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Strategy Maps for the Mission Driven Organization

Posted March 24, 2008 3:14 PM by Ted Jackson

For years management frameworks from the business sector have been forced upon mission-driven organizations from the public and non-profit sector; many of them not appropriate for an organization which is not driven primarily by a financial "bottom line." How then can the Balanced Scorecard management system have proven so successful for mission driven organizations?

Many mission-driven organizations have achieved great results with the Balanced Scorecard. For instance: -- Canadian Blood Services, responsible for the majority of Canada's blood supply and bone marrow, was able to increase blood donor satisfaction, hospital satisfaction, and increased the yield of red blood cells preserved in the manufacturing process yielding a savings of more than $3mm. -- Fulton County Schools in Georgia was able to increase performance in a myriad of areas including student test results for underprivileged as well as non-underprivileged students, SAT scores, teacher satisfaction, and parent involvement and satisfaction.

These significant results are perhaps more notable because of the unique nature of the organization's mission. Being government funded they cannot choose their "customers" nor can they "rationalize their product line" to optimize profitability as would their private sector counterparts. Rather, they are driven by their mission to serve all of their constituents: the Canadian citizens and the families and children of Fulton County.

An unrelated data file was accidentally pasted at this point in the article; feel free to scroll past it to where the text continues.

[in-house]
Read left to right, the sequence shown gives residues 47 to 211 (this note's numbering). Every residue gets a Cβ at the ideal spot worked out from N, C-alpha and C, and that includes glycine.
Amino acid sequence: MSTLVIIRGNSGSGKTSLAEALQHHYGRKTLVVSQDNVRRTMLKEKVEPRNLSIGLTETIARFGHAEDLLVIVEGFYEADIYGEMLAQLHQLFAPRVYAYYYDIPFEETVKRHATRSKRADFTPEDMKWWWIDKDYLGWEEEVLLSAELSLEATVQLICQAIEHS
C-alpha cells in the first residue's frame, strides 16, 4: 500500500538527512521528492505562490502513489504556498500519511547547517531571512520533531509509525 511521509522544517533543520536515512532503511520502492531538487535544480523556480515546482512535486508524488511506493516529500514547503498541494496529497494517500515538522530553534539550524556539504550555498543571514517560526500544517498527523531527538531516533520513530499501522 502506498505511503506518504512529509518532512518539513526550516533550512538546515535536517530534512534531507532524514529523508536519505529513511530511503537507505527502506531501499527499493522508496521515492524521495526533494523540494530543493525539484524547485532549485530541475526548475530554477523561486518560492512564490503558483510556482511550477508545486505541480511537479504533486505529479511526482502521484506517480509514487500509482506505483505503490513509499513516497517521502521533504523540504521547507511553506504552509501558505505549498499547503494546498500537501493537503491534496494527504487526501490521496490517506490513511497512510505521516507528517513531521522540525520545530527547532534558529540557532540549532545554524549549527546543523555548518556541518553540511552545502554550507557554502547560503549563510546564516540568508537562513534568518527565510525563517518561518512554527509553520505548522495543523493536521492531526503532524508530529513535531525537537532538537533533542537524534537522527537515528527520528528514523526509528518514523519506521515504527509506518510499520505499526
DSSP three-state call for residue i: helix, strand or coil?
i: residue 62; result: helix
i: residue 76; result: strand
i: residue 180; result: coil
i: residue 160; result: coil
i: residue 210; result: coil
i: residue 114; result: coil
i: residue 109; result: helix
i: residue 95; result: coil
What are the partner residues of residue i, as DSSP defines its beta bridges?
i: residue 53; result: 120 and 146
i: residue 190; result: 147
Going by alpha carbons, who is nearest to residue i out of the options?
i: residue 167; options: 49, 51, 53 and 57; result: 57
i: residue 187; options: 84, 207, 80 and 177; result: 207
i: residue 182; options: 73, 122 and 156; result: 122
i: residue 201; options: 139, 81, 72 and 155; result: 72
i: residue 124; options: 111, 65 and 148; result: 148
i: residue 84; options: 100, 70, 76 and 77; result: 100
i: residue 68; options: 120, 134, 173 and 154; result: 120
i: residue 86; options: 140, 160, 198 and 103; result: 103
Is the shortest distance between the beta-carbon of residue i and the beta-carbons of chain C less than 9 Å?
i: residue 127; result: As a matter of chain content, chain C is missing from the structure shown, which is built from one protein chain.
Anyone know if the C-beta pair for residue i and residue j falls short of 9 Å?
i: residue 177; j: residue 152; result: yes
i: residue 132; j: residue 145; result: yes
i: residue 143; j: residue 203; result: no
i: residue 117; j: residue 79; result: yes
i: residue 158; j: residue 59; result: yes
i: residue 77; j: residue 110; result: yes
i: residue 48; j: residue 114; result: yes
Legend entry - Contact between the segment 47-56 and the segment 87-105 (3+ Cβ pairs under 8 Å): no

How then have these and other mission-driven organizations been able to achieve such significant results by using the Balanced Scorecard which is so rooted in the for-profit sector? The answer is that they have modified the approach to fit their unique strategy. They have examined the question that might be simple for Wal-Mart or Charles Schwab – who is the customer? Is the customer the blood donor or the blood recipient? Perhaps it is the hospitals distributing the blood? Is the customer the student, family or perhaps the community?

Another fundamental question is what are our financial obligations – are we obligated to demonstrate our fiscal performance to donors and other stakeholders? Or are we government funded and responsible to demonstrate good stewardship rather than financial success? And finally, are there any perspectives beyond the traditional four: financial, customer, internal, learning and growth? Perhaps the environment, community, volunteer, etc. are critical to the strategy. The answers to these questions will have a significant impact on the structure of a mission-driven organization's Strategy Map

Filed Under Balanced Scorecard